Category:Atalanta (Armstrong Whitworth)

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The Armstrong Whitworth Atalanta.

1934 description:

The latest Armstrong Whitworth liner, the "Atalanta", has accommodation for only 17 passengers, but the appointments in the cabin are more luxurious than are those in the earlier type. A special feature is that every passenger is able to control the condition of the air in his immediate vicinity, fresh air being led from an orifice in the nose of the machine to outlets over each passenger's seat. The amount of air coming through these outlets can be regulated by the individual passenger, who is able also to arrange for it to be heated if he desires. The stale air is sucked away through a port at the rear of the cabin. The big glass windows of the cabin are arranged so that in the event of an accident they could easily be knocked out, and in addition there are two emergency exits.

The "Atalanta" is a high-wing monoplane with a wing span of 90 feet and a length of 71 feet 6 inches. It is the first and only monoplane of such size to be used by Imperial Airways, and has four 340 h.p. Armstrong Siddeley "Serval" radial air-cooled engines. These give the machine a maximum speed of 156 mph. and a cruising speed of 125 m.p.h., the normal range being 400 miles.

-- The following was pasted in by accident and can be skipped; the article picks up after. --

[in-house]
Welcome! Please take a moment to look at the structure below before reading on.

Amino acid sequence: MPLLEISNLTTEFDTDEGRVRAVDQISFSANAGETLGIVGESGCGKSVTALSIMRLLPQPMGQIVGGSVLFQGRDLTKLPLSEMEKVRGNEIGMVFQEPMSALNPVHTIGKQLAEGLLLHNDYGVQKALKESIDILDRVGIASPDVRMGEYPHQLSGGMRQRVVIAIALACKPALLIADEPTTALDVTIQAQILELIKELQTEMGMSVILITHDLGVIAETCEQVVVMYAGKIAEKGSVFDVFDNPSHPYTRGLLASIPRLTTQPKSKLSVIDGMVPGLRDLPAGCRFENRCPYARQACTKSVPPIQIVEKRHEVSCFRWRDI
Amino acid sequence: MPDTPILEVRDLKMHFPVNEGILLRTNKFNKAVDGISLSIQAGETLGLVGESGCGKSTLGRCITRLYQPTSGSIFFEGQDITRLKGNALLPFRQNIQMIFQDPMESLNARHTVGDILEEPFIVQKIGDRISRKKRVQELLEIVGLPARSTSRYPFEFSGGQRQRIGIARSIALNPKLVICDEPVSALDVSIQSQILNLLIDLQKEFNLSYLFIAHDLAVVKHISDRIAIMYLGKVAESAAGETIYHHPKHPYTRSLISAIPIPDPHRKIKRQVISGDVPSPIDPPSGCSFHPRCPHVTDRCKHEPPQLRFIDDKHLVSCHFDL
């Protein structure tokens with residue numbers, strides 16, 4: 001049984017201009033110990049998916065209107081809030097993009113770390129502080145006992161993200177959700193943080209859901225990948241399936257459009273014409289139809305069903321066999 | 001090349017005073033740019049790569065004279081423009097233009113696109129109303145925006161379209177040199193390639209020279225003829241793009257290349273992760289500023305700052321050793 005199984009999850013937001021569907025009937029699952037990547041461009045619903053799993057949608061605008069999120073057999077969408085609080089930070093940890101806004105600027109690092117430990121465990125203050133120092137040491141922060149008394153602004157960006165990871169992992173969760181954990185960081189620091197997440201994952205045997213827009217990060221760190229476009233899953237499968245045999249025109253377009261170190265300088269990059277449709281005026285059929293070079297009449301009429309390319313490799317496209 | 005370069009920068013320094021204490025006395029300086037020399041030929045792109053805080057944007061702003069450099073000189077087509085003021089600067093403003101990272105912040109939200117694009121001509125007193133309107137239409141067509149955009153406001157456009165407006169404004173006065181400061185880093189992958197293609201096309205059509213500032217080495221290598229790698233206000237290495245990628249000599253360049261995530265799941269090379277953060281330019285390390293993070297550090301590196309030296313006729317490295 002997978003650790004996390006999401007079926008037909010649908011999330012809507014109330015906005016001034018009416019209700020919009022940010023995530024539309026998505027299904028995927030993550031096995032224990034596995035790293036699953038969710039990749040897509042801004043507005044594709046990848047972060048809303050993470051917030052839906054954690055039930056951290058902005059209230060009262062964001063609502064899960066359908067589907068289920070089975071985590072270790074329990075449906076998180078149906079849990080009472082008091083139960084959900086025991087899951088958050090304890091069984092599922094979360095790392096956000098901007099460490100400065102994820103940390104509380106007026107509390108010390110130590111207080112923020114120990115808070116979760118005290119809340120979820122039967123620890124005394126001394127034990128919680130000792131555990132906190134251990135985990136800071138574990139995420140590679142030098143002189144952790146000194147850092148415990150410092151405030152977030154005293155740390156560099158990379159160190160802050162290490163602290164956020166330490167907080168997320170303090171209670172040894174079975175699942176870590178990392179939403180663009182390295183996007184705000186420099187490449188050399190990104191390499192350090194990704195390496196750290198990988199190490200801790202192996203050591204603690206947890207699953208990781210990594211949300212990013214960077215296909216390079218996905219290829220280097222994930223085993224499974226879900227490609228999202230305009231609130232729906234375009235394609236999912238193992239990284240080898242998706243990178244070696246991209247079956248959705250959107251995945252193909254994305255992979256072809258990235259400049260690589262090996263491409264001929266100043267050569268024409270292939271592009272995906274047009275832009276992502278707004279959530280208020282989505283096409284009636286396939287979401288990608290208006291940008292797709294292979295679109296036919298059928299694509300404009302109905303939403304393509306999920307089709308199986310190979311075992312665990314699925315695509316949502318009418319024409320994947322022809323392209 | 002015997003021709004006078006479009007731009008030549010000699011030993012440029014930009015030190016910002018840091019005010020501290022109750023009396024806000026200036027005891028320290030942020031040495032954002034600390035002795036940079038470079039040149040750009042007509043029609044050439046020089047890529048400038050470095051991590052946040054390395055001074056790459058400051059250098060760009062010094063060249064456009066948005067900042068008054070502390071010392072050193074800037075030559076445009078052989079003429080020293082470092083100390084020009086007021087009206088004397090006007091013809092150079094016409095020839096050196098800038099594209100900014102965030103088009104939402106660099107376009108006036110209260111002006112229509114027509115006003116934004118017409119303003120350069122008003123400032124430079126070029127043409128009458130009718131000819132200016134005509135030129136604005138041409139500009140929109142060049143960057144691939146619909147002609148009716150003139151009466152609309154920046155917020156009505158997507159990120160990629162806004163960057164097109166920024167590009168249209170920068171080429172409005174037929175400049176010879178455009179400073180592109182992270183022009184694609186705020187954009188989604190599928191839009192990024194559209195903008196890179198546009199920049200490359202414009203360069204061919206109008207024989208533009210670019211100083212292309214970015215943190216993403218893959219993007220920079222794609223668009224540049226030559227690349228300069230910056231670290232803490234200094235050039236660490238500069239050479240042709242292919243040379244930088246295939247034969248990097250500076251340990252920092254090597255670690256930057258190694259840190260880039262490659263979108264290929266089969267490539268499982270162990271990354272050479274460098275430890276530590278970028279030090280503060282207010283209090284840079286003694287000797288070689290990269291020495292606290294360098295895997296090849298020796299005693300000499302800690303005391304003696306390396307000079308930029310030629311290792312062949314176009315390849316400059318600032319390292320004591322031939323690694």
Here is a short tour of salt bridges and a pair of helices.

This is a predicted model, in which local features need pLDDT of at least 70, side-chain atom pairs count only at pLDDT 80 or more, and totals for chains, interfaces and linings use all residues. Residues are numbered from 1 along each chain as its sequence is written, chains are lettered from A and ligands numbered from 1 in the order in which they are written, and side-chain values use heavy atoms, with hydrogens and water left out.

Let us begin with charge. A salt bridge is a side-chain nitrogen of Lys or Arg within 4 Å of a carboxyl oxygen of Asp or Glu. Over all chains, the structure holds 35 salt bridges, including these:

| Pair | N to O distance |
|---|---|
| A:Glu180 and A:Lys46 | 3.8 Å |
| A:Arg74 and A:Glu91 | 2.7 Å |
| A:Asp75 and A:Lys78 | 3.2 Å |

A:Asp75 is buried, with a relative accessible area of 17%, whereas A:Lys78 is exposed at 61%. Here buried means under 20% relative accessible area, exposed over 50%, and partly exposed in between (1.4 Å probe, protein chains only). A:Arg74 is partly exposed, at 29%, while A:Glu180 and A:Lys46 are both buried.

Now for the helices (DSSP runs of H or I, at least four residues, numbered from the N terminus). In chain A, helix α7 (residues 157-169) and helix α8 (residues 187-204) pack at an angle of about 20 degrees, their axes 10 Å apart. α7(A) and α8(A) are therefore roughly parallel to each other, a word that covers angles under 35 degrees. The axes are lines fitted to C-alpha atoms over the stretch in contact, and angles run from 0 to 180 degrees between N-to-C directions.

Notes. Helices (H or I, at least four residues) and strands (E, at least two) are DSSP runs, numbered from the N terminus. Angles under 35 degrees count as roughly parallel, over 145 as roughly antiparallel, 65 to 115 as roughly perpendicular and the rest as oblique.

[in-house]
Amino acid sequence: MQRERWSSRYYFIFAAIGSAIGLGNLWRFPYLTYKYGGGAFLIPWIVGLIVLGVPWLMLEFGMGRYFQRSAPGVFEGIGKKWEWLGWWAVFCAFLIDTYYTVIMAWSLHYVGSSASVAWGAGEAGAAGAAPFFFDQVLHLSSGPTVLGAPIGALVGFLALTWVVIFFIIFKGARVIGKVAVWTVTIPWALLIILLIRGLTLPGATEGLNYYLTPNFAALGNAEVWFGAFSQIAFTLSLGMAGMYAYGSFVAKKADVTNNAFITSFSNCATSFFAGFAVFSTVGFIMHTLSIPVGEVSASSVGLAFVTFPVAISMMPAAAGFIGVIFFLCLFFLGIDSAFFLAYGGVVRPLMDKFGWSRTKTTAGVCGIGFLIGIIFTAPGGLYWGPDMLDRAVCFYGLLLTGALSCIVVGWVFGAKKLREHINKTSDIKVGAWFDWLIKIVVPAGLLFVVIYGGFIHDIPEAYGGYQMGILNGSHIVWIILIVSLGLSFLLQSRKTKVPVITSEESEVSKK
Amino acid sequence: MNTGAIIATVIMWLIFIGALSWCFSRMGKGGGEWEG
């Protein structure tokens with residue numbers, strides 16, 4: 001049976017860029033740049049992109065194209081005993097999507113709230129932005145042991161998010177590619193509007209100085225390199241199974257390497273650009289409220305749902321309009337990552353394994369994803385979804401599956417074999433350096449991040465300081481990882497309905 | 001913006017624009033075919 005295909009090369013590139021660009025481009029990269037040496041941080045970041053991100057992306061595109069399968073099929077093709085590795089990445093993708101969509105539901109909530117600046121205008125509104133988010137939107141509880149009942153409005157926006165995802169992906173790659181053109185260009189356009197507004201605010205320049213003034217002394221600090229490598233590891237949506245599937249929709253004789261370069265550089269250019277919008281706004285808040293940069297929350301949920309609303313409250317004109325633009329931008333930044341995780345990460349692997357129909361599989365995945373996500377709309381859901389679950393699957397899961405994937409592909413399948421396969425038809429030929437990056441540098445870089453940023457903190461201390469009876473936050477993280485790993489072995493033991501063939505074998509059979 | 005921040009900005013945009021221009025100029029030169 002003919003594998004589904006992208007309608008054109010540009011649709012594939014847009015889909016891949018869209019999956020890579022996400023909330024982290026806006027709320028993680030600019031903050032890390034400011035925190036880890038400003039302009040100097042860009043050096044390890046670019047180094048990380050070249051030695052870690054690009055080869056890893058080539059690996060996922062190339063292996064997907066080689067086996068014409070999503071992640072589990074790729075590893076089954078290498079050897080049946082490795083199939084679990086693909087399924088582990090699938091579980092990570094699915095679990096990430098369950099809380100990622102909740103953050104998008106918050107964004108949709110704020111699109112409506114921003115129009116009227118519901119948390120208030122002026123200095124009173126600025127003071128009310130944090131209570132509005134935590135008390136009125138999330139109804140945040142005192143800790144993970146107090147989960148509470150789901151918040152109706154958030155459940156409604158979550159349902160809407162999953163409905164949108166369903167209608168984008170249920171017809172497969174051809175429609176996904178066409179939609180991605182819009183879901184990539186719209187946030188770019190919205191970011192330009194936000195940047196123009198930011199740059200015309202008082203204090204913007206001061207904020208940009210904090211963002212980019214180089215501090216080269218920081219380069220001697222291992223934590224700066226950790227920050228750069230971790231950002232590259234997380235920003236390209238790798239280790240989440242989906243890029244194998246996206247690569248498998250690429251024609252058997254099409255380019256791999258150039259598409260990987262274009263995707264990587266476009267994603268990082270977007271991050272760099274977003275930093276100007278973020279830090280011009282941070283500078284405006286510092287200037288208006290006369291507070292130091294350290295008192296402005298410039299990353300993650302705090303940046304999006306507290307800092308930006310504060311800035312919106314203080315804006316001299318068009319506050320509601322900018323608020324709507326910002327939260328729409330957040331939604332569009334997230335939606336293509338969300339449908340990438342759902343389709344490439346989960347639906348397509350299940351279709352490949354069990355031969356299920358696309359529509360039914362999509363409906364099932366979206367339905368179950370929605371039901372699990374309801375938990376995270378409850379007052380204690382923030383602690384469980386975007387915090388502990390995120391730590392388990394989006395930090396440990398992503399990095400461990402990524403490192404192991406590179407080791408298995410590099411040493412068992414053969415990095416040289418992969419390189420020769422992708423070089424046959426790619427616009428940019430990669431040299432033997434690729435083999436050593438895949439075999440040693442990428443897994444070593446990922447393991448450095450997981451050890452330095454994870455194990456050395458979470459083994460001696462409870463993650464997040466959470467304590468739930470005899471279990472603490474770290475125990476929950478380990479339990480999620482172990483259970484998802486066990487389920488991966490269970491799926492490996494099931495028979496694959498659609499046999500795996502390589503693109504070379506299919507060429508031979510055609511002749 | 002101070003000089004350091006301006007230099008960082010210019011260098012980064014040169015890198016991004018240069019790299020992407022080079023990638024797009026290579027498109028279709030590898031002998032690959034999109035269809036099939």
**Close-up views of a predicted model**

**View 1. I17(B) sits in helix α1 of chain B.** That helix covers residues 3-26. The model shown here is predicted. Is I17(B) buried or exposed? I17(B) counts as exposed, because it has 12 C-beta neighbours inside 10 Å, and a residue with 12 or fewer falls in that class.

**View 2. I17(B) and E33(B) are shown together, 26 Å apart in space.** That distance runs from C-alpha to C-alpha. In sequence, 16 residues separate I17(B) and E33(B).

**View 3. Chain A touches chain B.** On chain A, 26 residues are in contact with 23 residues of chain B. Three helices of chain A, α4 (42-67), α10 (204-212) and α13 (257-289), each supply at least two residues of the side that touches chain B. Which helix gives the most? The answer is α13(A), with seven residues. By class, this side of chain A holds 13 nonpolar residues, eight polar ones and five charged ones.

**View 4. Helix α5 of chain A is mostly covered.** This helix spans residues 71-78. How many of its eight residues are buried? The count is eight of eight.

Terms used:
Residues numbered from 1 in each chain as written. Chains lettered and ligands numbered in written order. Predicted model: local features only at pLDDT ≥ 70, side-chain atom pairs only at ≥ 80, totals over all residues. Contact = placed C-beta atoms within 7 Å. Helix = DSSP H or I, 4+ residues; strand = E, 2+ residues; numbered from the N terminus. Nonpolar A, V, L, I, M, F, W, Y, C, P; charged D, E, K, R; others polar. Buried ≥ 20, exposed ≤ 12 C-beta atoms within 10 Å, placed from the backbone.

The latest version of the Atalanta' provides seating accommodation for 20 passengers in addition to a full load of freight and mail. Four Armstrong Siddeley 'Jaguar" engines, each developing 400 h.p., are substituted for the "Servals,"' and the machine has a maximum speed of 165 mph. and is able to cruise for 400 miles at a speed of 135 m.p.h.

Imperial Airways possess six machines of the "Atalanta" type, which they use on the South Africa and India and Eastern services. Two other "Atalanta"s are owned by Indian Trans-Continental Airways, an associated company of Imperial Airways.

— , -, , Meccano Magazine, , November 1934